Bangla music traditionally has been classified mainly by the region of origin and the creators of the musical genre, such as Nazrul geeti, ghombhira, etc. However, this prevented the ability to classify any music that failed to fit into any of the classes.

In the period just before Indian independence (Bengal, under British rule, was made a part of one massive India that does not exactly correspond to the India of current day), several new minor musical groups emerged, mainly as playback songs for movies. These songs failed to fit into any particular genre, but seemed to be tied together by common theme of "music for the masses". Most of the music tended to be mainstream, commercial, voice-based with simple words and catchy tunes that were far moved from the classical ragas (modes). Hence, a miscellaneous category, Adhunik songeet, was created, since, at that time, this music was "modern".

Although over time these so-called "modern" songs have become fairly old, they continue to be called by the same name. Interestingly, this group of song has grown faster than any other, since it is, well, a miscellaneous category that can accommodate anything that fails to fit elsewhere. The common theme continues to exist. So, although the nomenclature itself might not be as insightful, the genre itself is still well-defined.

Among the main contributors to Adhunik songeet were several singers from both West Bengal and Bangladesh. The list can never be completed, but some of the more prolific (and better known) ones from Bangladesh are:

Female

  • Runa Laila (also immensely popular Ghazal singer in the Sub-continent)
  • Shakila Jafar
  • Abida Parveen
  • Farida Parveen
  • Shahnaz Rahmatulla
  • Sabina Yasmin (possibly most prolific in terms of number of songs)

Male

  • Tapan Chowdhury
  • Abdul Jabbar
  • Andrew Kishor
  • Shubir Nondi

For a very long time, Adhunik songeet played the same role that pop currently plays in the Western World. It was the easy-to-follow and simple song that was fit for people of all age and occupation. It continues to be the most important music among middle-class, white collar Bangladeshi families to this day.

Modern music and western influence

In the post-independence period, Adhunik songeet continued to attract large proportiones of music enthusiasts. However, with time, newer generations demanded more upbeat music. Starting late 80's, music involving political theme have started to gain popularity once again, in a similar fashion to growht of Nazrul geeti had gained popularity during the revolution against the British Monarch and the War of Independence of Bangladesh.

Pop music

Pop music initially started with the so-called "band music", the very name of which depicts western influence. Various pop groups and singers emerged.

The best known bands of the pop era are as follows:

  • Feedback
  • L.R.B.
  • Miles
  • Rennaisance
  • Souls

The early contributors to pop music also included the following singers:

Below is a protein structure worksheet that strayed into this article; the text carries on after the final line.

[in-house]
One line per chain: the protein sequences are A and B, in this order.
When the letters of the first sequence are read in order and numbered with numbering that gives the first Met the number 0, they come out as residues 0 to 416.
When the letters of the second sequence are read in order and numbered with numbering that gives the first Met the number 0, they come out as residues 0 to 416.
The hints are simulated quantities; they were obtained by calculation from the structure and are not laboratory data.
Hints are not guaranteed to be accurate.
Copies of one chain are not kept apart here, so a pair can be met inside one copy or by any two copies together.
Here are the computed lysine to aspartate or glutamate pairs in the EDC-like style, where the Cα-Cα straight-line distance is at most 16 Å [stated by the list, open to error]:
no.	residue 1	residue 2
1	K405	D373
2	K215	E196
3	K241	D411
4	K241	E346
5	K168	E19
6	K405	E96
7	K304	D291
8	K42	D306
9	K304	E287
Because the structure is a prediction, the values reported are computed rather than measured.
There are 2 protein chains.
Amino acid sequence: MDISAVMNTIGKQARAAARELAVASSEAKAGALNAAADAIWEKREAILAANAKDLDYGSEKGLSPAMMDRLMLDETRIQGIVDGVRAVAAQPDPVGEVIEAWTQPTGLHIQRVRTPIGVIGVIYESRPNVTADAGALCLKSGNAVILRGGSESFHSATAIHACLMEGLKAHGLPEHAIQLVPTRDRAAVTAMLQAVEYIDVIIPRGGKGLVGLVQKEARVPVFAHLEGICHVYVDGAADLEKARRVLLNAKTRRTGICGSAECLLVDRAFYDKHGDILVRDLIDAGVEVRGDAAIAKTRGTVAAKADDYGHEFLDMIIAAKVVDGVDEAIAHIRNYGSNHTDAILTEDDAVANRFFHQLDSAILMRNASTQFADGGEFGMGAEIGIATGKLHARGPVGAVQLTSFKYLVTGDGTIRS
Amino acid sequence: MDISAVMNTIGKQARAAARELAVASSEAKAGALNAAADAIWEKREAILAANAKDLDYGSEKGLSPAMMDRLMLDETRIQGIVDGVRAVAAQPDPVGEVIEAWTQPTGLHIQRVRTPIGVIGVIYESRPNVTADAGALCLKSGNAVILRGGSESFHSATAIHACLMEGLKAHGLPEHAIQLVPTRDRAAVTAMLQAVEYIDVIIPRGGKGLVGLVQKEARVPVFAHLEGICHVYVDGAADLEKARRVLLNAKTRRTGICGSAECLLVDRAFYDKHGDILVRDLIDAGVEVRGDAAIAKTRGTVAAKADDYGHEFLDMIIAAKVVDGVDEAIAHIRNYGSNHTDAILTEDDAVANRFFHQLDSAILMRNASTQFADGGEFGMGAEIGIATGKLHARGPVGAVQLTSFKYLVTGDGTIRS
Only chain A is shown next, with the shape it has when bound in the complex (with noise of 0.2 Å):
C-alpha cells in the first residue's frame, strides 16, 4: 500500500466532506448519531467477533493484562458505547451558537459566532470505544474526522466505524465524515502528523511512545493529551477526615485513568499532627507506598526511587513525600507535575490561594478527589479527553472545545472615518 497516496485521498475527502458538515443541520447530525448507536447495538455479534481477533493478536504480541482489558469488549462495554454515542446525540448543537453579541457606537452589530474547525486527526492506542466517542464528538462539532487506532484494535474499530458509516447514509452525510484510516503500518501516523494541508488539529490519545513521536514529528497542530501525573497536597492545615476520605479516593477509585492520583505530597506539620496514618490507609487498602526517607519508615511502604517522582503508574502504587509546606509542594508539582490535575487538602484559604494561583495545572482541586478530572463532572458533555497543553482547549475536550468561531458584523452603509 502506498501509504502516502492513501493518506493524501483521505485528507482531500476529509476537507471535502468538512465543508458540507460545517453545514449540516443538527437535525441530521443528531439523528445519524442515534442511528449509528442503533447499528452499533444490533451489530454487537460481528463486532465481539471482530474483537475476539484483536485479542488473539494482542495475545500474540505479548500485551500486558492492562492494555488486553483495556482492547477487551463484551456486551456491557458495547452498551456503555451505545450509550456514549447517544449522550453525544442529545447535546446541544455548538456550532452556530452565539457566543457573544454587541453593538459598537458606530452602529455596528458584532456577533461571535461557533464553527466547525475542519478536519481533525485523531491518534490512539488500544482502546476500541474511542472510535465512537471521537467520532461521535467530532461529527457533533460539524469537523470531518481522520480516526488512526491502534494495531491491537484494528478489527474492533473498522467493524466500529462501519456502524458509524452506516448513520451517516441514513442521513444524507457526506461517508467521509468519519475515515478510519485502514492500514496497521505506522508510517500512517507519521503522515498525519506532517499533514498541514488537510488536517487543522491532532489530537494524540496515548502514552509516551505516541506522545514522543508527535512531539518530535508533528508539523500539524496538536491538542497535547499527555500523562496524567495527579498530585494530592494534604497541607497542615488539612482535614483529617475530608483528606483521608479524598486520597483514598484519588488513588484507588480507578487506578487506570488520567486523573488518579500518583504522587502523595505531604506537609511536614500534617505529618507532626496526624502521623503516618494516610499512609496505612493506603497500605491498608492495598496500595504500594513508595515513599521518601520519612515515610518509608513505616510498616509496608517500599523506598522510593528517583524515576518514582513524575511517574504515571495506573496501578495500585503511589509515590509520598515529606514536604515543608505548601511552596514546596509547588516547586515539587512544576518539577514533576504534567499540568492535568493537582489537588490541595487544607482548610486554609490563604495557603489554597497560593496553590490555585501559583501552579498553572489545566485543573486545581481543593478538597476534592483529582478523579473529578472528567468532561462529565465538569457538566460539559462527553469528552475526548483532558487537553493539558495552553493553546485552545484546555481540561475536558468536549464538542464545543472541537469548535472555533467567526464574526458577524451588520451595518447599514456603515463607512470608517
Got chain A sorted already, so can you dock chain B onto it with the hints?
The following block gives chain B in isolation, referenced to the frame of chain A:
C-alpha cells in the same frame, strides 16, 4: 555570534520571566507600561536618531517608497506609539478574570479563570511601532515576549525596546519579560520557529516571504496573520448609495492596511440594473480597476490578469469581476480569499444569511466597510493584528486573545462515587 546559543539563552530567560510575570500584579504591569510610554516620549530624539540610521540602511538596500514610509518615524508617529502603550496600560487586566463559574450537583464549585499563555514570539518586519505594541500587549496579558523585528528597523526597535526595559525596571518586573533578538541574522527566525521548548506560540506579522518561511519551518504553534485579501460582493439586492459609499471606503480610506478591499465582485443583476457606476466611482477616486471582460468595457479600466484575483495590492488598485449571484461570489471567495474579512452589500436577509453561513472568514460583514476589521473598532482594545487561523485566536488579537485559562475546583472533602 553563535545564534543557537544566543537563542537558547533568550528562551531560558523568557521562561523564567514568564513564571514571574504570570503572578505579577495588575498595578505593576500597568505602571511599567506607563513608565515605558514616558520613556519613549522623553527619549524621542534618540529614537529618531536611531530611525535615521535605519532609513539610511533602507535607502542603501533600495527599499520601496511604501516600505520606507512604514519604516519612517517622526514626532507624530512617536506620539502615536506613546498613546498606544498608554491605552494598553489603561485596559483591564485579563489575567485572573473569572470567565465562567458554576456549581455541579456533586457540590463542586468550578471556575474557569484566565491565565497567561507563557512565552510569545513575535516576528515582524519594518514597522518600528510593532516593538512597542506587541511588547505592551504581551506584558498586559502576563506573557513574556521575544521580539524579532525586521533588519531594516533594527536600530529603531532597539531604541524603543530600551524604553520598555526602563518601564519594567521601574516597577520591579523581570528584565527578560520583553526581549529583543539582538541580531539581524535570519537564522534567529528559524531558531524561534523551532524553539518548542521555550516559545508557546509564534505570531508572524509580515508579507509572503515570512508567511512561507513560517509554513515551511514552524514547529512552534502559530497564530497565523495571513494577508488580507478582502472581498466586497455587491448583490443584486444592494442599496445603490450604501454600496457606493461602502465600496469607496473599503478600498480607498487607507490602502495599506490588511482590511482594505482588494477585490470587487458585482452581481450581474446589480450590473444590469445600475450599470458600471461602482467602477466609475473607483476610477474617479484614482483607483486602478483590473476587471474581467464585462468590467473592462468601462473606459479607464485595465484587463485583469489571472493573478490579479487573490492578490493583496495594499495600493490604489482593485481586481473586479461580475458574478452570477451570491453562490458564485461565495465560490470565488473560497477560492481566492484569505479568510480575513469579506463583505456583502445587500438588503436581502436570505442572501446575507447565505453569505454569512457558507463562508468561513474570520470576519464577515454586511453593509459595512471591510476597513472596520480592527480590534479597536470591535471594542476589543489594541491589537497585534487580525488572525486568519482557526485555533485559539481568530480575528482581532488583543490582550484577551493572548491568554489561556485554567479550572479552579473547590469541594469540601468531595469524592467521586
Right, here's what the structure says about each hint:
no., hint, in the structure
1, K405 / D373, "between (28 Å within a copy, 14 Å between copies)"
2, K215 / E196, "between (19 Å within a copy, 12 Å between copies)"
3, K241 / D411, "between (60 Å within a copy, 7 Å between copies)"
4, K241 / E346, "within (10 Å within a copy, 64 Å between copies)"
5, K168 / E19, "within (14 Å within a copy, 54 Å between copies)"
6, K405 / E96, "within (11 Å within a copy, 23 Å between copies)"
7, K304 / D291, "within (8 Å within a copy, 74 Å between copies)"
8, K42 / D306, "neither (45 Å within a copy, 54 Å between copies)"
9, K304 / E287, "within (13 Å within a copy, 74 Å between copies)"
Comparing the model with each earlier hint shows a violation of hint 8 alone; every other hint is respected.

• Azam Khan
  • Baby Naznin
  • Happy Akhand
  • Lucky Akhand

Worth noting pop music had a mixed history. Many singers of Adhunik music genre and from New wave of Bangladeshi folk music category also worked with pop at some points. In fact, by the very nature of pop it is hard to clearly identify singers, exclusively pop in style.

Rock music

Bangla rock was started by Azam Khan, Miles and LRB. Hassan (associated with Ark) and James (associated with Feelings and, later, Nogor Baul) contributed quite a bit (although more so to pop/rock than to metal/rock). However, hard core rock did not begin until arrival of bands like Aurthohin and Warfaze.

Current day rock and metal bands have progressed a long way from the initiators of the genre in Bangladesh. With latest technology and equipments at their disposal, many of the new rock musicians have achieved miracles at detracting attention from foreing bands. Some of the best known new bands are:

New wave of Bangladeshi folk music

Fakir Alamgir, Feroz Shahi, Momtaz, Kangalini Sufiya and Kuddus Boyati set notions of revitalising Bangladeshi folk music. Their immense popularity showed that despite Western influence, Bangladeshis still thoroughly enjoyed their own music.

While Bangla rock music was approaching the peak of its success, several musicians and music enthusiastts felt the need to revitalise traditional music. Inspired by the previous work done by those mentioned above, several new bands and singers emerged with the notion of creating true Bangladeshi pop music, inspired by traditional compositional structure.

Also worth mentioning is the project of non-resident Bangladeshi sound engineer, Habib, who has been actively working on modernising Hason Raja's songs as dance and party music.

Singers

Adhunik

Classical

Nazrul geeti

Folk

Pop/Rock

  • Azam Khan: popularly hailed as pop guru of Bangladesh
  • In Dhaka: rock band
  • Happy Akhand: survived by his brother Lucky Akhand, after untimely demise in 80s.
  • Jewel: deceased
  • Lucky Akhand: legendary pop singer who carried on the work of brother Happy Akhand
  • Souls: emerged in late 70s in Chittagong, gained popularity over more than a decade, served to launch Ayub Bacchu (vocalist of L.R.B) and Tapan Chowdhuri, been less visible in the 90s
  • Tapan Choudhuri: went solo after beginning career in Souls
  • Warfaze: emerged in mid-eighties as hard-rock band and initiated rock era of Bangladesh

Rabindra sangeet

See also: Bengali language Music of Bengal